I can virtually taste the crusty warm pita slathered in silky hummus when I look up the recipe. The glamour shots of nubile chickpeas draped in golden olive oil set my heart racing. Eager to get started on my own homemade hummus, I scroll. And scroll. And scroll further down, reading what turns out to be a novel-length search engine optimizing text about everything except the actual making of homemade hummus.
It may seem strange that someone who studied literature and is often paid by the word to make a case for writing less – but I would argue that there is a time and a place for semantic abundance – and it isn’t an internet recipe. Many lament the obsolescence of clever wording – going the path of the newspaper or books of artful verse. I would counter that a new forum demands new expression.
Jump to the recipe
It would no more occur to you to mash your chickpea under your car tires, than it should to write your life’s story for a reader hoping to learn how much tahini to add for texture. Sure, a food blogger must establish her own voice, her raison d’etre, and set up that essential SEO trail to be relevant to advertisers; but what happened to the user experience? As a reader, the chase after the recipe must not overshadow my desire for hummus.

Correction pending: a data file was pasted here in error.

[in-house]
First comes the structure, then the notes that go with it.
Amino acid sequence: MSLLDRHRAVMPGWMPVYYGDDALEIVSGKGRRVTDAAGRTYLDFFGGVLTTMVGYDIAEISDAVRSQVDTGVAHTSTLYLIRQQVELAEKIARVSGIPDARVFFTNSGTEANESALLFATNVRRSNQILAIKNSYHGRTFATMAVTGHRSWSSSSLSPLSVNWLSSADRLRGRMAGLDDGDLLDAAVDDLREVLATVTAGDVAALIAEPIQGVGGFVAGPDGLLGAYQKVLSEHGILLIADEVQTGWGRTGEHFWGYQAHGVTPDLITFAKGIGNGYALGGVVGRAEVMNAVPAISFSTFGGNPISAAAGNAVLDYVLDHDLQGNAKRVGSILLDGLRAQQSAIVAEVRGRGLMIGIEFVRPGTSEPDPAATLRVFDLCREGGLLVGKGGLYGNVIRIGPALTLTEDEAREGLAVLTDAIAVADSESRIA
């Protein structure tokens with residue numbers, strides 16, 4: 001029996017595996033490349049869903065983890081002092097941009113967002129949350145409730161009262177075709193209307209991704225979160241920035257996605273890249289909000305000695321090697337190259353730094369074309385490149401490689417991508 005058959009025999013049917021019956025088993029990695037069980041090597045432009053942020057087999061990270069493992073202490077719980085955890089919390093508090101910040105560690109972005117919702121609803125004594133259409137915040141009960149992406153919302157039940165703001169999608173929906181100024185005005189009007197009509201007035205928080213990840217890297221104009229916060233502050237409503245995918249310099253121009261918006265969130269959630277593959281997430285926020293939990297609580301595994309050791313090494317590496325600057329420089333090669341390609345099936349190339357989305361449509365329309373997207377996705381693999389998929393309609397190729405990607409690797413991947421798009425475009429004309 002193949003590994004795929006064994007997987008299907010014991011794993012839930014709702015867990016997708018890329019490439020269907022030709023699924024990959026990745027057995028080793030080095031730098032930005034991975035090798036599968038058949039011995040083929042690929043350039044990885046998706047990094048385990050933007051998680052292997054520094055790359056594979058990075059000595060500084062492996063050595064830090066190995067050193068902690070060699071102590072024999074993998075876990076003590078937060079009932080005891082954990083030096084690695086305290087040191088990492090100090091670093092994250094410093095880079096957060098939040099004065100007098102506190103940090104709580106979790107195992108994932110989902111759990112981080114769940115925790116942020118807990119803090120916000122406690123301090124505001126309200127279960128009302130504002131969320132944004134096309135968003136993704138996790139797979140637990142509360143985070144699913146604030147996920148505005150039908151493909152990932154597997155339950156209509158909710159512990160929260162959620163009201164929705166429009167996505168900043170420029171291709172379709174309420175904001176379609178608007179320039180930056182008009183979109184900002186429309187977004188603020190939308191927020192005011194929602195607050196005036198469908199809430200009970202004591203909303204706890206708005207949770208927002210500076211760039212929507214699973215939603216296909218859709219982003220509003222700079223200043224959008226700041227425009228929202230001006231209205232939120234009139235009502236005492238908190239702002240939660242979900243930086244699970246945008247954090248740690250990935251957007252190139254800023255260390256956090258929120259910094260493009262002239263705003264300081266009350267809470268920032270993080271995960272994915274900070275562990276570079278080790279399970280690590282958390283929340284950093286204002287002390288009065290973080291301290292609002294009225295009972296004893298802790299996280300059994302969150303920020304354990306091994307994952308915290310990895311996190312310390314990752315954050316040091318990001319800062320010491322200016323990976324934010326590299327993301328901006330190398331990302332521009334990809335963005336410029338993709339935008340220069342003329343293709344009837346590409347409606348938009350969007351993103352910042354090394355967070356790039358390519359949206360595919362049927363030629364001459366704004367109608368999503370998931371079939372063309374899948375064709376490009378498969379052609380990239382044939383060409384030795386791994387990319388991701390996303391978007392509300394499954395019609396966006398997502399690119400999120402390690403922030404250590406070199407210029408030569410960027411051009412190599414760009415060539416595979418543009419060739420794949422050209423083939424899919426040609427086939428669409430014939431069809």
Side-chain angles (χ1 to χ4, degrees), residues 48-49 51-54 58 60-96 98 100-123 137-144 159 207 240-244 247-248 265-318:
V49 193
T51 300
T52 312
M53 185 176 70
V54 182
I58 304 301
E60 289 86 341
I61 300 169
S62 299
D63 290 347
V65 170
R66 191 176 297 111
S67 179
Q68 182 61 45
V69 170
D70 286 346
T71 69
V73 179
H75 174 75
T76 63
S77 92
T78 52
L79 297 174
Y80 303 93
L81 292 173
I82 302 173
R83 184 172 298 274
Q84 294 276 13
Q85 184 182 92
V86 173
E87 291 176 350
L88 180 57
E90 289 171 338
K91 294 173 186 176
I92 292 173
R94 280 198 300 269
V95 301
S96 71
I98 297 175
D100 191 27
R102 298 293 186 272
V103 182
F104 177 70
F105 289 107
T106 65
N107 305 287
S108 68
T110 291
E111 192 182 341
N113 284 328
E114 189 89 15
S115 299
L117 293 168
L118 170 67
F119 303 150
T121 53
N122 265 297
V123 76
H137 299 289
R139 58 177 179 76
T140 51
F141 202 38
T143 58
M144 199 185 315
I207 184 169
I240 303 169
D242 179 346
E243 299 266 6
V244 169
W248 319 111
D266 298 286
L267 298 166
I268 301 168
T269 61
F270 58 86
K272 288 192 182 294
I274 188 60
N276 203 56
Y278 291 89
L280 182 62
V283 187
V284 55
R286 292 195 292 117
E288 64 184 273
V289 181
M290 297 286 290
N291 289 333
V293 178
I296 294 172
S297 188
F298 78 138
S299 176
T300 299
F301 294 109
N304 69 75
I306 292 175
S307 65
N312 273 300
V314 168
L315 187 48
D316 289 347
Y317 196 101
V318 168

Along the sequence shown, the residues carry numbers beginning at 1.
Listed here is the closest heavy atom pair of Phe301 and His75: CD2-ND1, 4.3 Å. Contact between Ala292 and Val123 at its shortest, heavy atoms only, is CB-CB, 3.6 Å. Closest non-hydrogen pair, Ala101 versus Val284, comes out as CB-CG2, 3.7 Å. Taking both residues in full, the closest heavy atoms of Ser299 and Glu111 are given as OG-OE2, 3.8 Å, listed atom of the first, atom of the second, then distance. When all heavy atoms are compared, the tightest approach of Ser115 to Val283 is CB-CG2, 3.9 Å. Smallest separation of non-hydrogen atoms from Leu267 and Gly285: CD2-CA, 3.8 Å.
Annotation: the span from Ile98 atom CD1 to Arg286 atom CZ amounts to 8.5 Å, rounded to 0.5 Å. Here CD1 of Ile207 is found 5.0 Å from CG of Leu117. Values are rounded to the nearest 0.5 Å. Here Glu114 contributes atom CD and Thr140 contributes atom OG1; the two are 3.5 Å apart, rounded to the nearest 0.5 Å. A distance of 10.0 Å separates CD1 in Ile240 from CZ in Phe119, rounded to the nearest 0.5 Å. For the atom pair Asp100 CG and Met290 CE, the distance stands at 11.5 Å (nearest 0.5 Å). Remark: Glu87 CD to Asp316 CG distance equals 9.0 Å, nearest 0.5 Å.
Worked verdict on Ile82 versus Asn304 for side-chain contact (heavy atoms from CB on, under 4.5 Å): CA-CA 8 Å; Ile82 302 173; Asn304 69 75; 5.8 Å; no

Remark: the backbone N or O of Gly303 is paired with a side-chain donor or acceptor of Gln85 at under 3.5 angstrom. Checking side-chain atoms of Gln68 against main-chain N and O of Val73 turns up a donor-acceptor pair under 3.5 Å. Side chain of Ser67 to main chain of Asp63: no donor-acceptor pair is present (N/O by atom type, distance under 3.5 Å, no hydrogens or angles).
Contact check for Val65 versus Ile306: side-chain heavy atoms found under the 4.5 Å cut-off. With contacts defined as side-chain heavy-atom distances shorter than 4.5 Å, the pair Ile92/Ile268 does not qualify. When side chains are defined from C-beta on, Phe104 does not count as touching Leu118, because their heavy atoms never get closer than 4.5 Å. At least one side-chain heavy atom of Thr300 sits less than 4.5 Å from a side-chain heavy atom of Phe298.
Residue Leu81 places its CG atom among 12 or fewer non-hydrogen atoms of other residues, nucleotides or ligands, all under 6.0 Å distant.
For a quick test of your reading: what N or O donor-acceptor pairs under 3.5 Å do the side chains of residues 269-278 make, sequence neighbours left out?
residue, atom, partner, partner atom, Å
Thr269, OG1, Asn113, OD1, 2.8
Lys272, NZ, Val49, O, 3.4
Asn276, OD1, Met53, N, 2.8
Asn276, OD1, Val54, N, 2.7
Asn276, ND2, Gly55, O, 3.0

According to the U.S. Bureau of Labor Statistics 2018 Time Use Report, individuals ages 15 to 44 read for an average of 10 minutes or less per day. This will only increase to 51 minutes per day once we’re over 75. That hummus recipe-buried-in-a-blog, at 5,200 words, would require me to read nonstop for almost 4 days straight. The risks of starvation and loss of reader interest are very real.
To be fair, the lovely author of this chickpea-based novella can’t possibly expect anyone to read everything she wrote. And she doesn’t – she’s wisely included a ‘jump to the recipe’ button at the top of her blog. We must therefore conclude that she is producing the volume of content solely for the purpose of advertising-driven monetization. But then, how are advertisers and sponsors really getting their money’s worth? And how long until they’ve figured out that we’ve long left her blog behind to look up a less wordy cannellini bean paste instead?
This leads me to the optimistic conclusion that a natural selection process of the published word is a pendulum that will once again swing back into its rightful middle ground. Bloggers will learn to be more succinct. News will return to facts. Advertisers will learn to adjust to both. Authors will continue to craft stories without hidden recipes. And hummus will preside as a delicious Middle Eastern paste made from seven simple ingredients.
And if you’ve read this far, you’ve totally earned this.
Blend together and serve with pita wedges:
1 clove garlic
2 Tbsp olive oil
½ tsp. ground cumin
1 tsp. salt
1 1/2 Tbsp tahini
1 12 oz. can of chickpeas, drained
Garnish: a drizzle of oil, sprinkle of parsley, harissa, or roasted pine nuts.